The Pamphlet Collection of Sir Robert Stout: Volume 47
Let us enter the district from the east. Columbia River is 44 miles from Shuswap Lake, viâ Eagle Pass. Three Valley Lake (altitude 1912 feet) is about 34 miles from Shuswap Lake. Directly south from Three Valley Lake is a long, wide, grassy valley, which leads across a low "divide" to the headwaters of the Shuswap or Spillemeechene River. This is a gentle river flowing through a large valley, much of which has clay subsoil; fine fall-wheat without irrigation; very good and heavy crops here; only about half-a-dozen energetic settlers; large farm-buildings; well fenced fields; Indians at work on farms; fine bunch-grass on the high land, round which the river makes a southern bend.
A farmer on the Shuswap Prairie thrashed out 80 tons of wheat in 1872; two other farmers 40 tons each. Prices here of very superior extra flour, 12 dollars (48s. English) per barrel of 196 lbs.; choice bacon, 25 cents (1s. 0½d. English) per lb.; juicy beef 10 cents (5d. English) per lb.
Leaving the Shuswap or Spillemeechcne River at a point, say beyond page 66 where Cherry Creek joins it, there is between that point and the head of the Okanagan Lake a district of open prairie and sparsely timbered land, abounding in rich pasturage and dotted with a few farming settlements.
From the head of Okanagan Lake to the Thompson River (south branch) is about 45 miles north-west. Leaving the open, rolling, bunch-grass valleys of Okanagan, you first ascend for about 20 miles through timber land; reach Grand Prairie—fine soil, luxuriant bunch-grass, dotted with cattle; the prairie 16 miles by 2 miles, bounded by hills; a river between; elevation (1450 feet) causes some danger from night frost. Grand Prairie to Thompson River—glittering stream through valley, bordered by alders and willows, green meadows, clumps of trees, small lakes; good soil ready for cultivation.
From the nearest point at which you strike the South Thompson River down to its meeting (forks) with its north branch is 16 miles of open grass country. At the junction stands Kamloops, a few miles from the head of Kamloops Lake—25 miles long—(see Map); rolling prairie land, with fine grass, and also some fertile valleys on southern bank of lake.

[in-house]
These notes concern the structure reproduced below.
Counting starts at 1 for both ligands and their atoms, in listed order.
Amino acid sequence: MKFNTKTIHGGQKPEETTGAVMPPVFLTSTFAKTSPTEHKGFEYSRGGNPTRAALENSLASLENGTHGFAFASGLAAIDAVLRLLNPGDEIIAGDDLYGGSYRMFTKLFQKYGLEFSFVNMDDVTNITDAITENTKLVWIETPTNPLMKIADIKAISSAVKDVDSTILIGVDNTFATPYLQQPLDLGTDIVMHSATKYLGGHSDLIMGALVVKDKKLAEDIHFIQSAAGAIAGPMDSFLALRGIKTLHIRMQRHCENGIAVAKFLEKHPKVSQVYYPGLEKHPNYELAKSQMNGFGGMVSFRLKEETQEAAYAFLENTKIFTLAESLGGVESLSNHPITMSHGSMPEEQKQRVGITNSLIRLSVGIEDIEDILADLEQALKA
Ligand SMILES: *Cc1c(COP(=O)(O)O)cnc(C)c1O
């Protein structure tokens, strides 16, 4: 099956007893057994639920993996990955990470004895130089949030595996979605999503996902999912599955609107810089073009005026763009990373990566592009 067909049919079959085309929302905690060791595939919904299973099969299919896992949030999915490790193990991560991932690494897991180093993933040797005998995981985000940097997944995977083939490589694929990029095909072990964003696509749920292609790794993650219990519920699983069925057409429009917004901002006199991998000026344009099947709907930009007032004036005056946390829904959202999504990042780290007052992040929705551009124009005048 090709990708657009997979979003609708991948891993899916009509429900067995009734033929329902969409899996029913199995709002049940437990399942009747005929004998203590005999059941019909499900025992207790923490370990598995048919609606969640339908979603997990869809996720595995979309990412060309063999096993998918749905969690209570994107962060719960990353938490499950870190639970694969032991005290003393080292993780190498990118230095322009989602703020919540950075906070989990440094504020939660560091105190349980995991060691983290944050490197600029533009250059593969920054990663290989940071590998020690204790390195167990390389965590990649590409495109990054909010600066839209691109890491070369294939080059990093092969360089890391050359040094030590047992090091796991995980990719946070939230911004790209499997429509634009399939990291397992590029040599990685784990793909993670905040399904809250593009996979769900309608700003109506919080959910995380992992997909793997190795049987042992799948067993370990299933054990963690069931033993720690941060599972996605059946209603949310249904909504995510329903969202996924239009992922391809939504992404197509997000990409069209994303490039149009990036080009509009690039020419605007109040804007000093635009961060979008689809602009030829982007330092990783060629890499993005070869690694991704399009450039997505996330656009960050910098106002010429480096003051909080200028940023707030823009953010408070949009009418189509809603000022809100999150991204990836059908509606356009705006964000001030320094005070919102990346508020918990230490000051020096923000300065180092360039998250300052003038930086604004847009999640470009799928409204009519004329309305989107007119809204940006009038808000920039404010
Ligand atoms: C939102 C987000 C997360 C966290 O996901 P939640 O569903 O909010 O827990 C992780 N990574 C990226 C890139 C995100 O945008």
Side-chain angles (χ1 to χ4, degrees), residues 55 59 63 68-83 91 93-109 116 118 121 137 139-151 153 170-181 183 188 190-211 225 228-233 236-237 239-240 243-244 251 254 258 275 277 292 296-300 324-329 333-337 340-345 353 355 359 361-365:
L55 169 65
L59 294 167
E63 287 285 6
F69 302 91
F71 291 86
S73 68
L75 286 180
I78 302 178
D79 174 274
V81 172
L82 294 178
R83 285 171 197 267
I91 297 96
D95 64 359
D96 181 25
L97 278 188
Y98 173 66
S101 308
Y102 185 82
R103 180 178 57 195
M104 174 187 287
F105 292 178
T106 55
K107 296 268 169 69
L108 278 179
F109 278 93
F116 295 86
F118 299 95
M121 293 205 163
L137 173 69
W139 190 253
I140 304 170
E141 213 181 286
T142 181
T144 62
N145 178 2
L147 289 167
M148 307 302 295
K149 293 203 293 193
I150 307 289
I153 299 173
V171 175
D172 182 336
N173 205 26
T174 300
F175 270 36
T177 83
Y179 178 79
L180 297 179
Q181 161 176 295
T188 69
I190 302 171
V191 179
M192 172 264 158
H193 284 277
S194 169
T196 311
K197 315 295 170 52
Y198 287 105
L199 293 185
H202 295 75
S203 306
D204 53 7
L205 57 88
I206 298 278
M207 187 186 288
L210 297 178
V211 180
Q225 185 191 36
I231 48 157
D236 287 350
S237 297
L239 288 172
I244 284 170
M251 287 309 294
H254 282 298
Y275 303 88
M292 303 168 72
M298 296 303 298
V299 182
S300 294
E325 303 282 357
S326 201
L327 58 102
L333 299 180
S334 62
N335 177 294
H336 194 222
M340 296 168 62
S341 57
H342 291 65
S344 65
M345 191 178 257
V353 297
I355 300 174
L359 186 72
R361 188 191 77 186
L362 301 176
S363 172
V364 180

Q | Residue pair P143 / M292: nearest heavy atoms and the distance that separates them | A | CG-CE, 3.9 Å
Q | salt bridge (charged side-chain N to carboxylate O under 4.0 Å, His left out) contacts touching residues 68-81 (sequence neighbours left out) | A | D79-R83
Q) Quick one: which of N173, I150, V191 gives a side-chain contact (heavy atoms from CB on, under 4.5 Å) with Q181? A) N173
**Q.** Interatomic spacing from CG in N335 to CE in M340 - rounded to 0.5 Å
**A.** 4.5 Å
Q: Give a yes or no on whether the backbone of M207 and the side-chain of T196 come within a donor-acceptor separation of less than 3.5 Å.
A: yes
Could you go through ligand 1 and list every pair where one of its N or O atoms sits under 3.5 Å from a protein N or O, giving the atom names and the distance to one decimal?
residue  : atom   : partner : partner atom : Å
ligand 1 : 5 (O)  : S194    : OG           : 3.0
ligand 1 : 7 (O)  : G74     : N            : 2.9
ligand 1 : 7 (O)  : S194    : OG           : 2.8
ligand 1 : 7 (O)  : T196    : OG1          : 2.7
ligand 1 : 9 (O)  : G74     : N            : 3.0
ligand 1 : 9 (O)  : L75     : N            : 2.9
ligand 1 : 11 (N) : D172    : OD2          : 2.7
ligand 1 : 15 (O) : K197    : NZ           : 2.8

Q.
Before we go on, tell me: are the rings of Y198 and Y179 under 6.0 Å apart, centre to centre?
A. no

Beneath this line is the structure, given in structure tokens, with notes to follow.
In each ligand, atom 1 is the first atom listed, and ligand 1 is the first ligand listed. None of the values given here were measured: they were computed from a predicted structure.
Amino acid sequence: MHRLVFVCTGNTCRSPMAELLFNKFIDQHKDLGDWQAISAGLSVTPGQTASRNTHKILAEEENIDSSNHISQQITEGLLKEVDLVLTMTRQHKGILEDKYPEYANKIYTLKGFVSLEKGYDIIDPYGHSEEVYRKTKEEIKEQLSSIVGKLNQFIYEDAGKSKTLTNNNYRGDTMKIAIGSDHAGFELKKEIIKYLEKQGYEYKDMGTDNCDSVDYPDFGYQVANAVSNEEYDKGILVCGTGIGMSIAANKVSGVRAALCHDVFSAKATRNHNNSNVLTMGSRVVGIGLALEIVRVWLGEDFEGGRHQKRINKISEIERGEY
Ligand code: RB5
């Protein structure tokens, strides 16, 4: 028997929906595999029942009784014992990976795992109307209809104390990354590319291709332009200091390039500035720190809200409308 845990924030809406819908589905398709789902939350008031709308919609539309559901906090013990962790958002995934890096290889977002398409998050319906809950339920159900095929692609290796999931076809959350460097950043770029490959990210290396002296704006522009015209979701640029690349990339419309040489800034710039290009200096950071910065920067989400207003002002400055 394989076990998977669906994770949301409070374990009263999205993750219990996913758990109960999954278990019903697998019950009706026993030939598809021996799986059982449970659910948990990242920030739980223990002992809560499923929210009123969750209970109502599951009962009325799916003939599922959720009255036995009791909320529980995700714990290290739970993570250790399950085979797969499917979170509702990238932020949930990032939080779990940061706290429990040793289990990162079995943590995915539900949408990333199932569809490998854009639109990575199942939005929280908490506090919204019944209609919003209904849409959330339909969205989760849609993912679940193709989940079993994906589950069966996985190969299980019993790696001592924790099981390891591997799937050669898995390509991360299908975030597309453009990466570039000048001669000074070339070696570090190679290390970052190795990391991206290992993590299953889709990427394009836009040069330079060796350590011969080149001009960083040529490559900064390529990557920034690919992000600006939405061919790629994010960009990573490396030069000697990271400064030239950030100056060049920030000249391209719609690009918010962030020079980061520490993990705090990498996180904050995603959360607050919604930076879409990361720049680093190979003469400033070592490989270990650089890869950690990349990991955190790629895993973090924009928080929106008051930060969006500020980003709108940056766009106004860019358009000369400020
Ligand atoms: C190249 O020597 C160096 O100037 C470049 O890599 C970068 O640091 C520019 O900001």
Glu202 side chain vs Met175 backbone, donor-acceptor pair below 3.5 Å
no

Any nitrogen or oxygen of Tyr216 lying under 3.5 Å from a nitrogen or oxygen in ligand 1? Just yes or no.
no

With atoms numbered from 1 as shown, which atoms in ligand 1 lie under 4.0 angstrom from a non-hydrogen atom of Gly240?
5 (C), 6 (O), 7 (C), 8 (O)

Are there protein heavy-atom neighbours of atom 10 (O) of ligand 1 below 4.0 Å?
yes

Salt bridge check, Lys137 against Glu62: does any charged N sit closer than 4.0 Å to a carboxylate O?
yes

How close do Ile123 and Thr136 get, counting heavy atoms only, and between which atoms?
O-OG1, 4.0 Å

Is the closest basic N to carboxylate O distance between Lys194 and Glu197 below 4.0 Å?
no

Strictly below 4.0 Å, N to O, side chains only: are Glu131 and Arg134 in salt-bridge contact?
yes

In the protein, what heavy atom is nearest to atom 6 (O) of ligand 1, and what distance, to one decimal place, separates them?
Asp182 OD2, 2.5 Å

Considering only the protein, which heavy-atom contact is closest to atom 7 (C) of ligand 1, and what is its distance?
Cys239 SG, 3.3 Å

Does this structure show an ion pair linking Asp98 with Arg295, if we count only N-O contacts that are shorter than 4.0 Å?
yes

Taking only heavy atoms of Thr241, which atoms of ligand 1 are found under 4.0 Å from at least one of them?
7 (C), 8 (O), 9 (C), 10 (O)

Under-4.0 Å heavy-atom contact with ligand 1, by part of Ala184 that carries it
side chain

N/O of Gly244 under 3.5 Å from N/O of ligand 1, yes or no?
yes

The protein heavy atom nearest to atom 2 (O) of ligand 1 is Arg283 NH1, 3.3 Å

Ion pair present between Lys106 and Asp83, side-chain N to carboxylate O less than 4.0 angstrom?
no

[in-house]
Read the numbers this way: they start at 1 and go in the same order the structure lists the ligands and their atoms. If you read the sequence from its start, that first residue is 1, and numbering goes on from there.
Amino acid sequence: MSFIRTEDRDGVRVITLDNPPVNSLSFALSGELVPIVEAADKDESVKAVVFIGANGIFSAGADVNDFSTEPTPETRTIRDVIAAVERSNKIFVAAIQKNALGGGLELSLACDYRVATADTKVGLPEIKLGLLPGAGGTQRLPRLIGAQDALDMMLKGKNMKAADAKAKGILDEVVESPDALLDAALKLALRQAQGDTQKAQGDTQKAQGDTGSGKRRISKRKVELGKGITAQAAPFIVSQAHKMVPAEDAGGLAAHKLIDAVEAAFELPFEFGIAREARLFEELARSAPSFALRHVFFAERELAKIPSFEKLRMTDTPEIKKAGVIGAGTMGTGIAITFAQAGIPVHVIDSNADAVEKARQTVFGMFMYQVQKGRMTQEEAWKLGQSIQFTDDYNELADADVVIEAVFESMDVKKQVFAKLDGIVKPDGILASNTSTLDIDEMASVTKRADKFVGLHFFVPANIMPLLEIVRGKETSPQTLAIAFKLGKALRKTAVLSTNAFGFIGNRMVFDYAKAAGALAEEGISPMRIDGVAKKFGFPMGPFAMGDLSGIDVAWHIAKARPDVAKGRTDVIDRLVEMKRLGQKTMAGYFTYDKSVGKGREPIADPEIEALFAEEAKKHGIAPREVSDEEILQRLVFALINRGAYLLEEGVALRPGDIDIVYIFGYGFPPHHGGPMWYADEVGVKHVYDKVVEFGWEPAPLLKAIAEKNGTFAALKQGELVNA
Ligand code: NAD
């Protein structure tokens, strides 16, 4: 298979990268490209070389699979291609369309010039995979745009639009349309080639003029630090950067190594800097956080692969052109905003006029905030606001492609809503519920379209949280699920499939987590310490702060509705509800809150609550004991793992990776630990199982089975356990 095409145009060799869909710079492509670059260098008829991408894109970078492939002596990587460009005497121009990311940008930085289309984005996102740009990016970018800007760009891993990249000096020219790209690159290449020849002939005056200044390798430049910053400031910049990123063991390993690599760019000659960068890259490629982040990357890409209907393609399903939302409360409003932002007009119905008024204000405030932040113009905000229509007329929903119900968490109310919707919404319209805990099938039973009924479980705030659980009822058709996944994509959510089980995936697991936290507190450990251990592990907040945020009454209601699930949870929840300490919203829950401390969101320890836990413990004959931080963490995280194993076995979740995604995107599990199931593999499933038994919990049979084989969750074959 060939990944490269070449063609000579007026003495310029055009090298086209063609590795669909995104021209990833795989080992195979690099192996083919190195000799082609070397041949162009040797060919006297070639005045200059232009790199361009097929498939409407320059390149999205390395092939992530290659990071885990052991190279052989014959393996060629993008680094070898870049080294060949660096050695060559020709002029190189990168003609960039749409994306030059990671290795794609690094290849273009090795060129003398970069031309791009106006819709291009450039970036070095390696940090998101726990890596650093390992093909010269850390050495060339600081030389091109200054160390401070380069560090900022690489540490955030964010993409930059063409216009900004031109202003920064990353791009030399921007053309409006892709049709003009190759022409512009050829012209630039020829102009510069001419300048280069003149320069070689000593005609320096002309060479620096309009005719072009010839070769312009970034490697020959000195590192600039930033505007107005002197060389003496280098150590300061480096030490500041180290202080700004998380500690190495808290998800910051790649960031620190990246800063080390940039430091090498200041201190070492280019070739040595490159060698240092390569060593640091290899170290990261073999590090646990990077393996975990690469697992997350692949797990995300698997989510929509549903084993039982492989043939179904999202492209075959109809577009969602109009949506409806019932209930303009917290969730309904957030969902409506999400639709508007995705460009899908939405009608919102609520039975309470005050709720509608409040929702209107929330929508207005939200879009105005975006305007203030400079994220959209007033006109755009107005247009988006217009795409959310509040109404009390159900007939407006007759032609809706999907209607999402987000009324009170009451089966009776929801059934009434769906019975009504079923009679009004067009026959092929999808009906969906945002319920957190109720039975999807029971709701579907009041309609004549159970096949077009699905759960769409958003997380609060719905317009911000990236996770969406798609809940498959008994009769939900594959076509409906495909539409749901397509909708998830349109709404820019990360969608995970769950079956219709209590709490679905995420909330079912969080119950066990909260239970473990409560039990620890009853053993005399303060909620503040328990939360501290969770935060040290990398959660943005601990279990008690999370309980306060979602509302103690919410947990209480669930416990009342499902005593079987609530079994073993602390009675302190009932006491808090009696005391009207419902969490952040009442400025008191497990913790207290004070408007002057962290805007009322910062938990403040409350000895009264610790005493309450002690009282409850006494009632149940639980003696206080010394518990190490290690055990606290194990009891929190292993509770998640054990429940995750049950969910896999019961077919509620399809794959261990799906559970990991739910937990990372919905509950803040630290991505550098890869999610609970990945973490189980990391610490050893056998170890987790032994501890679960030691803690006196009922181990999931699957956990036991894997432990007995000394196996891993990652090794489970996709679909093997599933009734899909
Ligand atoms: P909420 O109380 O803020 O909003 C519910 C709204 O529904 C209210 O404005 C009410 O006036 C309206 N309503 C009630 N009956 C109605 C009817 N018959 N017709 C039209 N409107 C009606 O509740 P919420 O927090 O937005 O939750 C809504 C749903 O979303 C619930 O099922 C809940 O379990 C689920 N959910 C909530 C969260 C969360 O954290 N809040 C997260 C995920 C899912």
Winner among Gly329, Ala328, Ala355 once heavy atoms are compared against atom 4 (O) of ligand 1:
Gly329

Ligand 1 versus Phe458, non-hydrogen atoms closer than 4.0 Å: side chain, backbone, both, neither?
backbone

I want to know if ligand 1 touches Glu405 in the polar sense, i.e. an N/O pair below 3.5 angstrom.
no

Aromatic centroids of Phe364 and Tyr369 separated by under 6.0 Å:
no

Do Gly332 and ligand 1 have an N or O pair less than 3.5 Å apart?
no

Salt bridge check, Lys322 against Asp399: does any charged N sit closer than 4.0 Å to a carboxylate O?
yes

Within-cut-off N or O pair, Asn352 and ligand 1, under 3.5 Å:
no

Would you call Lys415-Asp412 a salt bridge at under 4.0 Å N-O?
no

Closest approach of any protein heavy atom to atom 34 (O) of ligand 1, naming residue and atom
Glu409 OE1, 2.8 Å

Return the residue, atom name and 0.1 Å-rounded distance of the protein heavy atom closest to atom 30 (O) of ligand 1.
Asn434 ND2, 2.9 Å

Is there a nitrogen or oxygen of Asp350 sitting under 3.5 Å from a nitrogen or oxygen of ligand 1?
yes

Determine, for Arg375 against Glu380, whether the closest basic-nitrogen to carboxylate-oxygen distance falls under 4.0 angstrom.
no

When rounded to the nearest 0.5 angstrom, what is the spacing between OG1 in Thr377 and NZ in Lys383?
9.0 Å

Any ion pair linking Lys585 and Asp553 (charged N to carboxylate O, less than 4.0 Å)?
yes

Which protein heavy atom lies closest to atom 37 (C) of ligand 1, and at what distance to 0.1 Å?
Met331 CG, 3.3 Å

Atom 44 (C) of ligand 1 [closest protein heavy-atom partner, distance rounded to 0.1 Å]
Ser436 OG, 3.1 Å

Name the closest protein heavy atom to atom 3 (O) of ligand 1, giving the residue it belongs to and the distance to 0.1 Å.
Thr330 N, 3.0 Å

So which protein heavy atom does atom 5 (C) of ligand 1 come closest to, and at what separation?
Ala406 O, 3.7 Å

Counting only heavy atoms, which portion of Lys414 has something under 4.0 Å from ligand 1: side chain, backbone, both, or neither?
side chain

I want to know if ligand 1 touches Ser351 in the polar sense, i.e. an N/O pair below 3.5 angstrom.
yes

There is an open, or lightly timbered bunch-grass country along the banks of the North Thompson River, and north of Kamloops Lake, for 130 miles.
Several English gentlemen from the American side have taken a prairie of 2000 acres on the North Thompson, a short distance from Kamloops, and are making a long ditch for irrigation.
In 1871 the yield of grain on the Tranquille and north and south branches of the Thompson River was a million and a quarter pounds.
The whole Kamloops-Shuswap district is a district of table-land, with considerable depressions—abundant pasture, generally free from forests, and only interspersed with timber; summer climate dry, great heat; winter frequently very cold for a day or two, but on the whole not very sharp; snow generally lies a short time only; cattle are driven here to winter in severe seasons; Hudson's Bay Company used to "winter out" 500 horses here, including brood mares and young horses. This district will doubtless become known again as a mineral district. The first gold found in quantity by the natives was found in this district, and fair wages are still made on the Thompson River. The Thompson, near its mouth, is too full, rapid, and rocky for mining.
Kamloops itself is likely to be a distributing centre for the fine country around it, even if the Canadian Pacific Railway does not come to help the infant city; schools, visiting clergymen, three fine stores already, three hotels, two blacksmiths' shops, &c. Hudson's Bay Company building a store (60 by 40 feet), and going to keep more goods than hitherto; sawmill 20 miles up the north branch of the Thompson; good grist-mill, generally busy, on the Tranquille (flows from north into Kamloops Lake); the Tranquille Mill grinds a good deal for the North and South Thompson districts, and also portion of the Okanagan country. In 1872 wheat was sold for 2 to 2¼ cents per lb. (1d. to English), delivered to merchants at Kamloops or to the Tranquille Mill. The higher price was towards the end of the year, and arose partly from the requirements of the Canadian Railway survey.